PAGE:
_(In the Chapel)_ The appointed lot has come upon me, mother, The mournful ending of my years of strife, This changing world I leave, and to another In blood and terror goes my spirit's life. But thou, grief-smitten, cease thy mortal... Read more of Farewell To My Mother at Martin Luther King.caInformational Site Network Informational
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The Fire Quest

from Japanese Fairy Tales





The Wise Poet sat reading by the light of his taper. It was a night of
the seventh month. The cicala sang in the flower of the pomegranate, the
frog sang by the pond. The moon was out and all the stars, the air was
heavy and sweet-scented. But the Poet was not happy, for moths came by
the score to the light of his taper; not moths only, but cockchafers and
dragon-flies with their wings rainbow-tinted. One and all they came upon
the Fire Quest; one and all they burned their bright wings in the flame
and so died. And the Poet was grieved.

"Little harmless children of the night," he said, "why will you still
fly upon the Fire Quest? Never, never can you attain, yet you strive and
die. Foolish ones, have you never heard the story of the Firefly Queen?"

The moths and the cockchafers and the dragon-flies fluttered about the
taper and paid him no heed.

"They have never heard it," said the Poet; "yet it is old enough.
Listen:

"The Firefly Queen was the brightest and most beautiful of small things
that fly. She dwelt in the heart of a rosy lotus. The lotus grew on a
still lake, and it swayed to and fro upon the lake's bosom while the
Firefly Queen slept within. It was like the reflection of a star in the
water.

"You must know, oh, little children of the night, that the Firefly Queen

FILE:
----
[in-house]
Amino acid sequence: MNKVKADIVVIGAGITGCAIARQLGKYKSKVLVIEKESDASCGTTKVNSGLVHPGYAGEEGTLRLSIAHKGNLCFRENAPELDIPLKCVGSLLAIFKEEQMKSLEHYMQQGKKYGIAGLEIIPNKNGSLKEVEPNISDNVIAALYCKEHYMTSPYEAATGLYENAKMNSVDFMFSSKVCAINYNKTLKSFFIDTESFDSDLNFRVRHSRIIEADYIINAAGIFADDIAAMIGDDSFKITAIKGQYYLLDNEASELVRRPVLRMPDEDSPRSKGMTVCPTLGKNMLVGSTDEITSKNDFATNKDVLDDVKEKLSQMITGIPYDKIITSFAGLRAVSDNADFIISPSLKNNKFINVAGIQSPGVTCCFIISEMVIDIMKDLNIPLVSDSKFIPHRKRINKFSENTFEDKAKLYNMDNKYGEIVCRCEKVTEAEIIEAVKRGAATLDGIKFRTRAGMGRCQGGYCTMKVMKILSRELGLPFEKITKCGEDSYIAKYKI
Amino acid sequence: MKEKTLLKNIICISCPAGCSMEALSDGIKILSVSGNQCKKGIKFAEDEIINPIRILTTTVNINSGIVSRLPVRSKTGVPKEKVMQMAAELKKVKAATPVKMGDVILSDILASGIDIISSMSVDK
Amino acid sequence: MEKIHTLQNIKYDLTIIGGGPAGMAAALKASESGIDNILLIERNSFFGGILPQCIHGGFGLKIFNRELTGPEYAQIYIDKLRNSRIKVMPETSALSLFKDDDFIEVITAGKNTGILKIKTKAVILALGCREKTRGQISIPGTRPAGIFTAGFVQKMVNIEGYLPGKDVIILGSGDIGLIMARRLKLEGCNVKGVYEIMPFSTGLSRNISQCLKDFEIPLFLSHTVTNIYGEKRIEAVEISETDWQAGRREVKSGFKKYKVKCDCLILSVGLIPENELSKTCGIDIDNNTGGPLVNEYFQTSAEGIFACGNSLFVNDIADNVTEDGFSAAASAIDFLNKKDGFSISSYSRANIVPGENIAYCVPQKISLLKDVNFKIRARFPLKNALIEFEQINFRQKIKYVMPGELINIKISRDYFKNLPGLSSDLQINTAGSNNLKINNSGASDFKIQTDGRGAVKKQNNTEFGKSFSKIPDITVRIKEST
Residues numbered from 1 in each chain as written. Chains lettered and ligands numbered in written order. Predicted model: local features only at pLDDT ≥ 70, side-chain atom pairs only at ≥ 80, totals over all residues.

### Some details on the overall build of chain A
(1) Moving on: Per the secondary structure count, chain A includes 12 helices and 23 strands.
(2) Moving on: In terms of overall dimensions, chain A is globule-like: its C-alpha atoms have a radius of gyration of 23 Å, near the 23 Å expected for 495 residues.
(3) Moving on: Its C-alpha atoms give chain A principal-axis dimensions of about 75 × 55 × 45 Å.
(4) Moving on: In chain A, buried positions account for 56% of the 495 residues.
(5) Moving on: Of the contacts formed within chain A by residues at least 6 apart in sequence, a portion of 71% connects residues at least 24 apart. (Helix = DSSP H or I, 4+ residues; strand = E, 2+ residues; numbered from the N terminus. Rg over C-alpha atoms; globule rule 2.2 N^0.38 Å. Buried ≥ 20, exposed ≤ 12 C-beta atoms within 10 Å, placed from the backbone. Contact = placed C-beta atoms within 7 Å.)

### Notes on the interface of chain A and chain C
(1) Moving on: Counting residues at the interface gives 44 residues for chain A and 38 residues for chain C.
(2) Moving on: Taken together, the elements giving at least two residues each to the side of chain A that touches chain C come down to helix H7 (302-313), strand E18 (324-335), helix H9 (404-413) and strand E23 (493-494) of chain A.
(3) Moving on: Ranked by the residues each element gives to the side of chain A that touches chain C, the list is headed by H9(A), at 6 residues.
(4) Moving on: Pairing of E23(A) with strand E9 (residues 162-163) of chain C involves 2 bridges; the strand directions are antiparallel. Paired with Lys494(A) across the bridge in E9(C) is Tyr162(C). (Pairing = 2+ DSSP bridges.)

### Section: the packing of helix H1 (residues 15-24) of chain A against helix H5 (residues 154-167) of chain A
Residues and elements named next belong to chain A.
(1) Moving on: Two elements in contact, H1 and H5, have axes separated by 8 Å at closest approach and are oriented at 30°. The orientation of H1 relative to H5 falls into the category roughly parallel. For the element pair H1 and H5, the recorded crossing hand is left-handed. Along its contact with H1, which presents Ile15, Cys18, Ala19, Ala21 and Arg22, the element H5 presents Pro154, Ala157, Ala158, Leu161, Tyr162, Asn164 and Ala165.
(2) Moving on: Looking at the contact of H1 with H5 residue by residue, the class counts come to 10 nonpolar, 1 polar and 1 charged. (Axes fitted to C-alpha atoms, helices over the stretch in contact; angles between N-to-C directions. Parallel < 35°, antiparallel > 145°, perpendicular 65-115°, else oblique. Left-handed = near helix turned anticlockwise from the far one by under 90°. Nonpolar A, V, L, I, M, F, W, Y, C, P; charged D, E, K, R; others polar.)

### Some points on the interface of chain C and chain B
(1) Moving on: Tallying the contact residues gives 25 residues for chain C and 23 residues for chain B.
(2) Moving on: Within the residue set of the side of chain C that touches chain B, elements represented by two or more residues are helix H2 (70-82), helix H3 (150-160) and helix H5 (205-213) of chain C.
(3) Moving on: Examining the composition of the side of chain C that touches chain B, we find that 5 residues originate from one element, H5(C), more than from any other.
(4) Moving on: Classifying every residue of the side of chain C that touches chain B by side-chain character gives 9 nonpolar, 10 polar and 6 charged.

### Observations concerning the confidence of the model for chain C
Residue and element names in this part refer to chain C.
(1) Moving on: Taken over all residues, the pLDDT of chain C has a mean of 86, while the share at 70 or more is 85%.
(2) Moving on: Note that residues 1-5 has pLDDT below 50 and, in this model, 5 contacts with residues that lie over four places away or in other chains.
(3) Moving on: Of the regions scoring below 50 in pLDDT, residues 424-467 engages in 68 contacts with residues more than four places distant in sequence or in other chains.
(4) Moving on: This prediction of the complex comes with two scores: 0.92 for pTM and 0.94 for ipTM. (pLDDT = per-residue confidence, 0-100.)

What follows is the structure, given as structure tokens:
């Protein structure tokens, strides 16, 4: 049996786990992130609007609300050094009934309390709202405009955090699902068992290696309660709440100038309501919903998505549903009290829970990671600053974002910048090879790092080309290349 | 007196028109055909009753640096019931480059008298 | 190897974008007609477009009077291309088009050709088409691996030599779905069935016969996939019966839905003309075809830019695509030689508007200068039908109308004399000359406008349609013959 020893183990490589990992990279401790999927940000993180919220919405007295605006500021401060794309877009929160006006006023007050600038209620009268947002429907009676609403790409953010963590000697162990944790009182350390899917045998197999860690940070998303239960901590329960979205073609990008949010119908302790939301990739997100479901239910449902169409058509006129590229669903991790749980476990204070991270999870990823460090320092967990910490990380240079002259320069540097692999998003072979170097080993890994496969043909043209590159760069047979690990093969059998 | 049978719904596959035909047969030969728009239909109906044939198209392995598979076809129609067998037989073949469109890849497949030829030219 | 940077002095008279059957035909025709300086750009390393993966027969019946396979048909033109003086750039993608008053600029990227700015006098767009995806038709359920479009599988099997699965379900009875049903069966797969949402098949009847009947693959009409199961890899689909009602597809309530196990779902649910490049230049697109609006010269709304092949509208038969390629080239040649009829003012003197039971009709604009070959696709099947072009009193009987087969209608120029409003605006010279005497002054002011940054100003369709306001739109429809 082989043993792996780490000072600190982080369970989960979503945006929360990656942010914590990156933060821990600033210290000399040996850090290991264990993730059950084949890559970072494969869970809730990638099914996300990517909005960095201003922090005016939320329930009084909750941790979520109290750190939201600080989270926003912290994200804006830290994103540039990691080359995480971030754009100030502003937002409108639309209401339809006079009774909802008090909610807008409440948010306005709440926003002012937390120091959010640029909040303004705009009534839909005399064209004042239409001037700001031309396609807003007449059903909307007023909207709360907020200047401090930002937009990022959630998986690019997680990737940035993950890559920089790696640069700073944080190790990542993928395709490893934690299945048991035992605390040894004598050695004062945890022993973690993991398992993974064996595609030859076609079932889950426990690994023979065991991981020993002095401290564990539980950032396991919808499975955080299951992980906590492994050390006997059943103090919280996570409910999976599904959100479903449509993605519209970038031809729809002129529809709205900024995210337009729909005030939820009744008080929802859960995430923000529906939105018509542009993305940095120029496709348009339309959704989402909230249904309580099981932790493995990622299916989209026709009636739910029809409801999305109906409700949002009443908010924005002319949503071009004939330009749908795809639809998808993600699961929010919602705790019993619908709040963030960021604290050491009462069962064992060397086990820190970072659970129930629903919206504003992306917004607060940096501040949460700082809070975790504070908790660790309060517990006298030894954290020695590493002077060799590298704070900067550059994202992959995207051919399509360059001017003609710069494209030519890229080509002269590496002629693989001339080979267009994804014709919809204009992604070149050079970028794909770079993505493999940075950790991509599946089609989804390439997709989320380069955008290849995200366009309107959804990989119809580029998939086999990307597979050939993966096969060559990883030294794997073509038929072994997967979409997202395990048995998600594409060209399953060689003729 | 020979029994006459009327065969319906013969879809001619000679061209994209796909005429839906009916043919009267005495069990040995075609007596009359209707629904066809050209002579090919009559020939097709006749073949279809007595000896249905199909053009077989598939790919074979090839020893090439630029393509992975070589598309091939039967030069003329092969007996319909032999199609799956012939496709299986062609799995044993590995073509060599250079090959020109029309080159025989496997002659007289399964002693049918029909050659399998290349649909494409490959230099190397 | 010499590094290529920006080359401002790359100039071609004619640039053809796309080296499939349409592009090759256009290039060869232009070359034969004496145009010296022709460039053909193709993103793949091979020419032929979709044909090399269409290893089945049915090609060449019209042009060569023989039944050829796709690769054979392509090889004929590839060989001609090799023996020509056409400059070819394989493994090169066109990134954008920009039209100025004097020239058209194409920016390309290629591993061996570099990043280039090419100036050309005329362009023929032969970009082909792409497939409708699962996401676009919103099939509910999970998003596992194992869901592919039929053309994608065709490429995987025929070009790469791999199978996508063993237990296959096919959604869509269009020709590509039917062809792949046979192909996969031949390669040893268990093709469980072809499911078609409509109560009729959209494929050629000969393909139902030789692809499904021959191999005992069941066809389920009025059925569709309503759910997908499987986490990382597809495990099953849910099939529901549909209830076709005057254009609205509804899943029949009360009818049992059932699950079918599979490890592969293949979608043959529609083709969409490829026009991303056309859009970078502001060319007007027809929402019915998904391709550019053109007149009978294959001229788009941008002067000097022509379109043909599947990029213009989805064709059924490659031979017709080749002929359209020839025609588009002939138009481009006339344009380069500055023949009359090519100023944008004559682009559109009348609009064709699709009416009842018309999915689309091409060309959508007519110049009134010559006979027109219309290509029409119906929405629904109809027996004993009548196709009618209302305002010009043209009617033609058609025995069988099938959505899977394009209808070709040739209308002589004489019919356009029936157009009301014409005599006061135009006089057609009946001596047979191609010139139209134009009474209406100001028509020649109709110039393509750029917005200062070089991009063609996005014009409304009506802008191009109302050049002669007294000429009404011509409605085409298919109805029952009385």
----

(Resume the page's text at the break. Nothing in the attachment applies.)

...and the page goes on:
had many suitors. Moths and cockchafers and dragon-flies innumerable
flew to the lotus on the lake. And their hearts were filled with
passionate love. 'Have pity, have pity,' they cried, 'Queen of the
Fireflies, Bright Light of the Lake.' But the Firefly Queen sat and
smiled and shone. It seemed that she was not sensible of the incense of
love that arose about her.

"At last she said, 'Oh, you lovers, one and all, what make you here
idly, cumbering my lotus house? Prove your love, if you love me indeed.
Go, you lovers, and bring me fire, and then I will answer.'

"Then, oh, little children of the night, there was a swift whirr of
wings, for the moths and the cockchafers and the dragon-flies
innumerable swiftly departed upon the Fire Quest. But the Firefly Queen
laughed. Afterwards I will tell you the reason of her laughter.

"So the lovers flew here and there in the still night, taking with them
their desire. They found lighted lattices ajar and entered forthwith. In
one chamber there was a girl who took a love-letter from her pillow and
read it in tears, by the light of a taper. In another a woman sat
holding the light close to a mirror, where she looked and painted her
face. A great white moth put out the trembling candle-flame with his
wings.

"'Alack! I am afraid,' shrieked the woman; 'the horrible dark!'

"In another place there lay a man dying. He said, 'For pity's sake light
me the lamp, for the black night falls.'

"'We have lighted it,' they said, 'long since. It is close beside you,
and a legion of moths and dragon-flies flutter about it.'

"'I cannot see anything at all,' murmured the man.

"But those that flew on the Fire Quest burnt their frail wings in the
fire. In the morning they lay dead by the hundred and were swept away
and forgotten.

"The Firefly Queen was safe in her lotus bower with her beloved, who was
as bright as she, for he was a great lord of the Fireflies. No need had
he to go upon the Fire Quest. He carried the living flame beneath his
wings.

"Thus the Firefly Queen deceived her lovers, and therefore she laughed
when she sent them from her on a vain adventure."

* * * * *

"Be not deceived," cried the Wise Poet, "oh, little children of the
night. The Firefly Queen is always the same. Give over the Fire Quest."

But the moths and the cockchafers and the dragon-flies paid no heed to
the words of the Wise Poet. Still they fluttered about his taper, and
they burnt their bright wings in the flame and so died.

Presently the Poet blew out the light. "I must needs sit in the dark,"
he said; "it is the only way."





Next: A Legend Of Kwannon

Previous: The Cold Lady



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